If Ireland were to consider using stadia outside Ireland then the bid falls because it's not a self-contained all-Ireland bid. Hopefully, World Rugby would not allow this.
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Re: Ireland's bid for 2023 World Cup - venues announced + Gov. underwriting 320m

Post by asoreleftshoulder on Fri 30 Sep 2016, 1:33 pm

Irish Londoner wrote:
asoreleftshoulder wrote:Saw this point made on Leinsterfans,what does Brexit mean for the bid.What will the border situation be and will visitors need a visa to enter the U.K. if their team has matches in both jurisdictions.That could be a stumbling block because right now nobody has a clue what's really going to happen.

Since any form of "hard" border control - i.e. customs posts or even more contentiously police/army "checkpoints" would cause absolute meltdown to the GFA I doubt very much if there are going to be any restrictions placed on cross border travel so should not be an issue for spectators arriving via the Republic.
Might be an issue if they come in to NI on direct flights from outside the UK or travel via a mainland airport but only would impact EU visitors  - it's unlikely that it would be more than the formality of waving a passport at the airport.
I think people from Aus/NZ/SA need tourist visas anyway but could be wrong on that.
That said I doubt if Brexit (as in a total opt out) is likely anyway - both sides have too much to lose.

Yeah I hope that it won't be a problem but I think the point the post is the uncertainty.Can they hand us the tournament when they don't know (nobody does for sure) how these issues will be resolved.I'd say there will more than likely be minimal disruption to how things are done now but it's the uncertainty that could cause a problem for our bid.

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Re: Ireland's bid for 2023 World Cup - venues announced + Gov. underwriting 320m

Post by Pot Hale on Mon 03 Oct 2016, 1:18 am

asoreleftshoulder wrote:
Irish Londoner wrote:
asoreleftshoulder wrote:Saw this point made on Leinsterfans,what does Brexit mean for the bid.What will the border situation be and will visitors need a visa to enter the U.K. if their team has matches in both jurisdictions.That could be a stumbling block because right now nobody has a clue what's really going to happen.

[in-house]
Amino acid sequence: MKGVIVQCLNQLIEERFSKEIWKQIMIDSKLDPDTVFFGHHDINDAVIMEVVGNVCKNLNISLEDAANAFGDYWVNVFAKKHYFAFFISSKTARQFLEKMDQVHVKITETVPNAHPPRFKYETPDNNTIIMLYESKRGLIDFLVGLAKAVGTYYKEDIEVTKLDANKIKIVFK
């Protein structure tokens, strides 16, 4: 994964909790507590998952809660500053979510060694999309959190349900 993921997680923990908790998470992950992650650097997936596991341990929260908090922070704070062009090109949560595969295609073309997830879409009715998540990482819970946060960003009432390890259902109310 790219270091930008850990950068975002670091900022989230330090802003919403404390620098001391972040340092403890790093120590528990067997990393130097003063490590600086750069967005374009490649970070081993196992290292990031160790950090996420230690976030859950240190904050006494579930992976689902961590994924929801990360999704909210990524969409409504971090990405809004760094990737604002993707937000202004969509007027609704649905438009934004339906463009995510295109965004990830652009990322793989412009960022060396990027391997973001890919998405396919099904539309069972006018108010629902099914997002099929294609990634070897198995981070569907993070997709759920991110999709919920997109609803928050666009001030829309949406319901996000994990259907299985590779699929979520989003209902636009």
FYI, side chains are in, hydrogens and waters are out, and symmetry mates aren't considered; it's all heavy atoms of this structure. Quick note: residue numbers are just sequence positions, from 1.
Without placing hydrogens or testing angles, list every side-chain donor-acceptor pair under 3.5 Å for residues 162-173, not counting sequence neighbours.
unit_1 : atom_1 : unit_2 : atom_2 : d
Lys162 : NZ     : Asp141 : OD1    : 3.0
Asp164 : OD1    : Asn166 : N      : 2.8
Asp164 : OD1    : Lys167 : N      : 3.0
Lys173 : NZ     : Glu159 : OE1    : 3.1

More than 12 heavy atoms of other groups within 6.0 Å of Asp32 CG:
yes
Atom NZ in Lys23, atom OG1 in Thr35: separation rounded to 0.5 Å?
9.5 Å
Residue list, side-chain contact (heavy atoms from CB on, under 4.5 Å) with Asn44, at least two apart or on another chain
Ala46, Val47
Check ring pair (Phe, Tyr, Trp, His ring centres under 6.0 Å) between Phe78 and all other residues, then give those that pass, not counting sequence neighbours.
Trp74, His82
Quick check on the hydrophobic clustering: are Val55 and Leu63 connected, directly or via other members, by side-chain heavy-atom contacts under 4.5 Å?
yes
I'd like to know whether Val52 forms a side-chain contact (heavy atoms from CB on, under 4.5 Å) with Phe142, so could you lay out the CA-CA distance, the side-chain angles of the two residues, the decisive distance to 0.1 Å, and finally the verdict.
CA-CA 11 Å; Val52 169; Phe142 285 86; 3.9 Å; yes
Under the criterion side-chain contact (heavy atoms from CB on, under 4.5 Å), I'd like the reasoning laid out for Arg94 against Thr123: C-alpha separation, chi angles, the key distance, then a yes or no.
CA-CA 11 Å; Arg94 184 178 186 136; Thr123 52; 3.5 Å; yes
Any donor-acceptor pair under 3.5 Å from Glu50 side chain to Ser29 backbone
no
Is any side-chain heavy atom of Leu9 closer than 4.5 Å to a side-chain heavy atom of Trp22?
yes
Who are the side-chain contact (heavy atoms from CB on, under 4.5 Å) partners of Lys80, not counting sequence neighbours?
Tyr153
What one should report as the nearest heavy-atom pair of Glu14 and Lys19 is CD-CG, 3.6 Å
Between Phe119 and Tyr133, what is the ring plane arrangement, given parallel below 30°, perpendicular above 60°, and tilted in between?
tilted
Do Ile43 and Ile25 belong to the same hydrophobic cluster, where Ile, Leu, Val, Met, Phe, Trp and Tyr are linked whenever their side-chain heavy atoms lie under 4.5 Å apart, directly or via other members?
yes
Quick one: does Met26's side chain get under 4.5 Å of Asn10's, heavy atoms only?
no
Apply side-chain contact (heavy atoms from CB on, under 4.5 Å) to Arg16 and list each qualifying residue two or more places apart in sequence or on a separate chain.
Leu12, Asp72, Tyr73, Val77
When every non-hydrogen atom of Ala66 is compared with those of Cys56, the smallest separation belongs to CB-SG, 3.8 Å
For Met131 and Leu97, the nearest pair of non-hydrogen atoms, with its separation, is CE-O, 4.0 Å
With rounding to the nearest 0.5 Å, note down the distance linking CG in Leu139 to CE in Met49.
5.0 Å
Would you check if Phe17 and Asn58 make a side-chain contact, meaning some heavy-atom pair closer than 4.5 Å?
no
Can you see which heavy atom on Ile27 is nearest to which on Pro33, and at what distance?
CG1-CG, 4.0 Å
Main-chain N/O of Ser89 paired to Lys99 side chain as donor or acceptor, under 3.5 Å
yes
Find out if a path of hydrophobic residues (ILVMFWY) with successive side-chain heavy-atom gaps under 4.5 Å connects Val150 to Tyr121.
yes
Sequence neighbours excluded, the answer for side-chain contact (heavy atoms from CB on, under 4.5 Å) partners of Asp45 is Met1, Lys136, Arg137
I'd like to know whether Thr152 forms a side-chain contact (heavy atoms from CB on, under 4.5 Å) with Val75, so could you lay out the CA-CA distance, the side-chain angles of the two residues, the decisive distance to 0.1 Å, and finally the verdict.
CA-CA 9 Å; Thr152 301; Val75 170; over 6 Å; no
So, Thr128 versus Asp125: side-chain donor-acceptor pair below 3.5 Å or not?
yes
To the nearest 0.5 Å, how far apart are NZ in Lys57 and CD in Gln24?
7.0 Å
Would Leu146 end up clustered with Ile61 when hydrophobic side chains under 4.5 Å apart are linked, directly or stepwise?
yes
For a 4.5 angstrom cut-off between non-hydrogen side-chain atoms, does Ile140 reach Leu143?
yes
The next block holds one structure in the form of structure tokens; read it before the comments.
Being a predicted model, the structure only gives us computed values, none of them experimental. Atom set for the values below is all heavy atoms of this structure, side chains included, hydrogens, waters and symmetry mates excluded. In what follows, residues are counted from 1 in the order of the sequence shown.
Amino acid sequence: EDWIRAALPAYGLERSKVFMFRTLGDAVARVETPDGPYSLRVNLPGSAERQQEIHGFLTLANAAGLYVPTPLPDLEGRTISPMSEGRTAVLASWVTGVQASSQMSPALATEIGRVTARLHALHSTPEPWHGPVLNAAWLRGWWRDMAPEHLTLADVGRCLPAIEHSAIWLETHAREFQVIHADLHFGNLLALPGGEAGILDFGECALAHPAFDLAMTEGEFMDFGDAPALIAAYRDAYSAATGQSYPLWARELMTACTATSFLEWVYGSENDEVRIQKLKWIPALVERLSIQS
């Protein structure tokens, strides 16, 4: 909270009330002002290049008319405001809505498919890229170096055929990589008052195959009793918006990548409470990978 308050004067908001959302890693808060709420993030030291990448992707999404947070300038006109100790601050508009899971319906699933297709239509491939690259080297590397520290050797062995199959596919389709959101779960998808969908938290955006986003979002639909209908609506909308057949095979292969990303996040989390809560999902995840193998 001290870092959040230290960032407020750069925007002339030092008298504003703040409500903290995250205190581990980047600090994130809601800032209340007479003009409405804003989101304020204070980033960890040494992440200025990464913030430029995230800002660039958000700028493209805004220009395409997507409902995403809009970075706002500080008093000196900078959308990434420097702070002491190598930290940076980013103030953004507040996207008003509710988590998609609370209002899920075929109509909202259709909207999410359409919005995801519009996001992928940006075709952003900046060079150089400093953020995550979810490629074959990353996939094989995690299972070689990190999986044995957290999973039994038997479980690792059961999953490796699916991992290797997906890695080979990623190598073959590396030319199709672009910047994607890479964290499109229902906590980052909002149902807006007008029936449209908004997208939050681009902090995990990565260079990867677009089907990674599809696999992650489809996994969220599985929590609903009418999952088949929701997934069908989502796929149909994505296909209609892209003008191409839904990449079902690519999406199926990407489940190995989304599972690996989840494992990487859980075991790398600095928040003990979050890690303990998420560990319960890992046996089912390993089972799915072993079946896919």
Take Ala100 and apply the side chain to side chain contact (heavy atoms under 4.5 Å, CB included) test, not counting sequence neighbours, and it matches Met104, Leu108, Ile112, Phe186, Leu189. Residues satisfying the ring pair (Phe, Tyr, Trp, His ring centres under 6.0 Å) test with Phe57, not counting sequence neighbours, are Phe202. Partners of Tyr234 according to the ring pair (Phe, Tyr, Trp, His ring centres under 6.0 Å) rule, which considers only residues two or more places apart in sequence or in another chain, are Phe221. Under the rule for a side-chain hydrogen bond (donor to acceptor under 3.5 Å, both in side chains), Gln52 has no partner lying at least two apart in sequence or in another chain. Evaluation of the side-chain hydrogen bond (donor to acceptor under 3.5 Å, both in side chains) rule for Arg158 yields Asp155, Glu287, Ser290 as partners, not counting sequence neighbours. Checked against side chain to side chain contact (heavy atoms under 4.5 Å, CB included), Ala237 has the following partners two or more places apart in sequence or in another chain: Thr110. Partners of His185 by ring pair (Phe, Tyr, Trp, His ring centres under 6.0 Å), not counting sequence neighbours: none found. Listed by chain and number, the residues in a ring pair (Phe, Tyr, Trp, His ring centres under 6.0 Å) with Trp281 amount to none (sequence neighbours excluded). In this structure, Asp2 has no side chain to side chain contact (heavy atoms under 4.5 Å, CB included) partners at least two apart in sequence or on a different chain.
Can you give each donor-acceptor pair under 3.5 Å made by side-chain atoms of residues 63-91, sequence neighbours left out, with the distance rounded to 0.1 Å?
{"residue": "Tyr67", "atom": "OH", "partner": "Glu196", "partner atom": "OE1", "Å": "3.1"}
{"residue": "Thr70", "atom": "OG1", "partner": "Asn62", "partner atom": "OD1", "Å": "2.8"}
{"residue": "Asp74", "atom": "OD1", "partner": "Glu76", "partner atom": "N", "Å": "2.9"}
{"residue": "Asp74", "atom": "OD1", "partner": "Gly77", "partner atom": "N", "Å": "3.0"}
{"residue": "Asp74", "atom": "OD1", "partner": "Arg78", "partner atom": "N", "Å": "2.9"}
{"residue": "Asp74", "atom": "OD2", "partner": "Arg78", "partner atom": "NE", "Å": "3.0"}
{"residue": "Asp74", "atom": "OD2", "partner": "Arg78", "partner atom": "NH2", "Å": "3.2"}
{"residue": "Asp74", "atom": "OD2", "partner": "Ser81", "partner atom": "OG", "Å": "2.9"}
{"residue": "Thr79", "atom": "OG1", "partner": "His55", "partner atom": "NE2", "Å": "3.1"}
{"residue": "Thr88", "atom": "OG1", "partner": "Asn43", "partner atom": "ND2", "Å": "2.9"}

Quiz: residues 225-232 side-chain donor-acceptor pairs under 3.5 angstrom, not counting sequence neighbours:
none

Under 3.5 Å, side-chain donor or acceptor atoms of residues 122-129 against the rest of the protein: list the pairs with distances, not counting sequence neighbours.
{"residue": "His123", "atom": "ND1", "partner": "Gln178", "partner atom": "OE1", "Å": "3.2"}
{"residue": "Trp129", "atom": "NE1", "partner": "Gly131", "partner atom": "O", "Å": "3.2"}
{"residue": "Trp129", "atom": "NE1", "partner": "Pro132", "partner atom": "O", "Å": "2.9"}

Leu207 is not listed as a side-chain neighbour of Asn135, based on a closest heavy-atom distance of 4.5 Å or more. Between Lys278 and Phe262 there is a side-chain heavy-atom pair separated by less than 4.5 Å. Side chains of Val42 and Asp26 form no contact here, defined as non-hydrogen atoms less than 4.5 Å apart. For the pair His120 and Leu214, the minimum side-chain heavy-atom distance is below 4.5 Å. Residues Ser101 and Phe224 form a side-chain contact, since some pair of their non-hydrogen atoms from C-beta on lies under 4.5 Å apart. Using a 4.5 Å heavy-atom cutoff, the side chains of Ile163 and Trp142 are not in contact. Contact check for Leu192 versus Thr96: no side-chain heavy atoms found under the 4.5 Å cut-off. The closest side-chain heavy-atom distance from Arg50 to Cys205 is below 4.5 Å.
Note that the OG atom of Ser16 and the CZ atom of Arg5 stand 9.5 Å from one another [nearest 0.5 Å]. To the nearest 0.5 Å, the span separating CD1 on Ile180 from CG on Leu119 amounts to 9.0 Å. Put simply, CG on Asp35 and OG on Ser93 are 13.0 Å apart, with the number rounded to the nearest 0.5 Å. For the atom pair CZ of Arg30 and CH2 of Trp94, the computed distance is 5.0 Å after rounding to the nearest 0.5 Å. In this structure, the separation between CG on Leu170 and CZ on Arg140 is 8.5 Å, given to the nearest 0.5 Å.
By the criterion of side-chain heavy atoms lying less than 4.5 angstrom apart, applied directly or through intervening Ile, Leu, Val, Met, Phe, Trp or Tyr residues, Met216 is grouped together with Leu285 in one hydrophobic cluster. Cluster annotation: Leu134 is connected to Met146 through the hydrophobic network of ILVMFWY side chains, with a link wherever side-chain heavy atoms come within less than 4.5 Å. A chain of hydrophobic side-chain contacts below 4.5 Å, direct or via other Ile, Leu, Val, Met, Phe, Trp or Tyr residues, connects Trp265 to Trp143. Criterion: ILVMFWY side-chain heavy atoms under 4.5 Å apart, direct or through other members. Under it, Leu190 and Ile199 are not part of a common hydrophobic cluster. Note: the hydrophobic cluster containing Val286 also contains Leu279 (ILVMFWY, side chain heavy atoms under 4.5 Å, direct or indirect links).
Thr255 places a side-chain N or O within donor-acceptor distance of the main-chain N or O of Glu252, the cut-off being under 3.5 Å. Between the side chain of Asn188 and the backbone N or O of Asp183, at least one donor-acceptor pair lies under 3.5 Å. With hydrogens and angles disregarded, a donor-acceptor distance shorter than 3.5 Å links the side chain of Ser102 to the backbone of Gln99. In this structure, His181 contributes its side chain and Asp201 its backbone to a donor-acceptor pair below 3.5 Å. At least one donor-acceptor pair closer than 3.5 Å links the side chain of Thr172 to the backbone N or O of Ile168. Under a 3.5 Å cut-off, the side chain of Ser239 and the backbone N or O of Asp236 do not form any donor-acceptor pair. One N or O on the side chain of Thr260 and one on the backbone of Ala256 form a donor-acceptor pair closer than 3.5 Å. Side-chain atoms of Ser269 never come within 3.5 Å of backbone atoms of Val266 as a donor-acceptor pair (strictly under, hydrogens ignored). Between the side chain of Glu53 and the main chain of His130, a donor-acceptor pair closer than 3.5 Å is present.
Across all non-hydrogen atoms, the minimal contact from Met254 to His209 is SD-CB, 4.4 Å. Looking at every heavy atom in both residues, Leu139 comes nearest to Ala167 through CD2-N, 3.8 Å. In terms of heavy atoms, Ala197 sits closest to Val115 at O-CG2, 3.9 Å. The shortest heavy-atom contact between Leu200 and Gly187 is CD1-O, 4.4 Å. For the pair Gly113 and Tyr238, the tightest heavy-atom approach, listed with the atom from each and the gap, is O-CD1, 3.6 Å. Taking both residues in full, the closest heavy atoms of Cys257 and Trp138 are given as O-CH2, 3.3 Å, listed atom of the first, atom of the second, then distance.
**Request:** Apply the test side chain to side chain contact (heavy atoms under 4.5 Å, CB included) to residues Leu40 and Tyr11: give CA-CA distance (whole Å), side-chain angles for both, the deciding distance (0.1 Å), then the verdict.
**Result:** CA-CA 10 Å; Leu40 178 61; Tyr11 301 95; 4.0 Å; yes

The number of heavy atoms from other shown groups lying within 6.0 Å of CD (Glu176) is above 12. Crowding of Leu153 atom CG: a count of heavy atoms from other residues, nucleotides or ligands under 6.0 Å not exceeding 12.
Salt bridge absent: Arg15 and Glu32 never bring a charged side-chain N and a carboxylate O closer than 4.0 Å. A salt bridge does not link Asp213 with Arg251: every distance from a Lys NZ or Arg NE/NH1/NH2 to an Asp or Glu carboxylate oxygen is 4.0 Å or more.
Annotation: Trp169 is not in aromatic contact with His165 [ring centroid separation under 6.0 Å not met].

Since any form of "hard" border control - i.e. customs posts or even more contentiously police/army "checkpoints" would cause absolute meltdown to the GFA I doubt very much if there are going to be any restrictions placed on cross border travel so should not be an issue for spectators arriving via the Republic.
Might be an issue if they come in to NI on direct flights from outside the UK or travel via a mainland airport but only would impact EU visitors  - it's unlikely that it would be more than the formality of waving a passport at the airport.
I think people from Aus/NZ/SA need tourist visas anyway but could be wrong on that.
That said I doubt if Brexit (as in a total opt out) is likely anyway - both sides have too much to lose.

Yeah I hope that it won't be a problem but I think the point the post is the uncertainty.Can they hand us the tournament when they don't know (nobody does for sure) how these issues will be resolved.I'd say there will more than likely be minimal disruption to how things are done now but it's the uncertainty that could cause a problem for our bid.

If a question mark arises over this issue - and it might - it would cause ructions, not just because of the RWC and its potential economic value which is not insubstantial, but also the wider implications for tourism as a whole, since the island is marketed by the one all-island body with freedom/ease of movement a big assumption/plus. I really hope we do not have to re-intorduce hard border controls and customs checks - I remember the queues that would occur only too well.
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Re: Ireland's bid for 2023 World Cup - venues announced + Gov. underwriting 320m

Post by Irish Londoner on Mon 03 Oct 2016, 8:44 am

Of course you could make the Brexit argument about a RWC in France and the impact on GB fans travelling there - who lets face it will be a large proportion of the non-French fans attending.

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Re: Ireland's bid for 2023 World Cup - venues announced + Gov. underwriting 320m

Post by wolfball on Mon 03 Oct 2016, 4:30 pm

I don't understand the point about Brexit to be honest. Ireland/UK have a common travel zone unrelated to schengen. If Brexit happens that travel zone would remain UNLESS ireland joined schengen. If ireland stays out of schengen (and there is no reason to think we want to join it) then a uk citizen entering the republic via NI or flight from GB would enter the same as now (no passport control), and any person, UK, irish or other flying from ireland to europe would have to show passport/visa etc as normal for entering schengen. Post brexit UK citizens at worst will have the same accss to schengen that yanks have (3months visa free) and so again, don't see how it effects RWC in either ireland or france at all.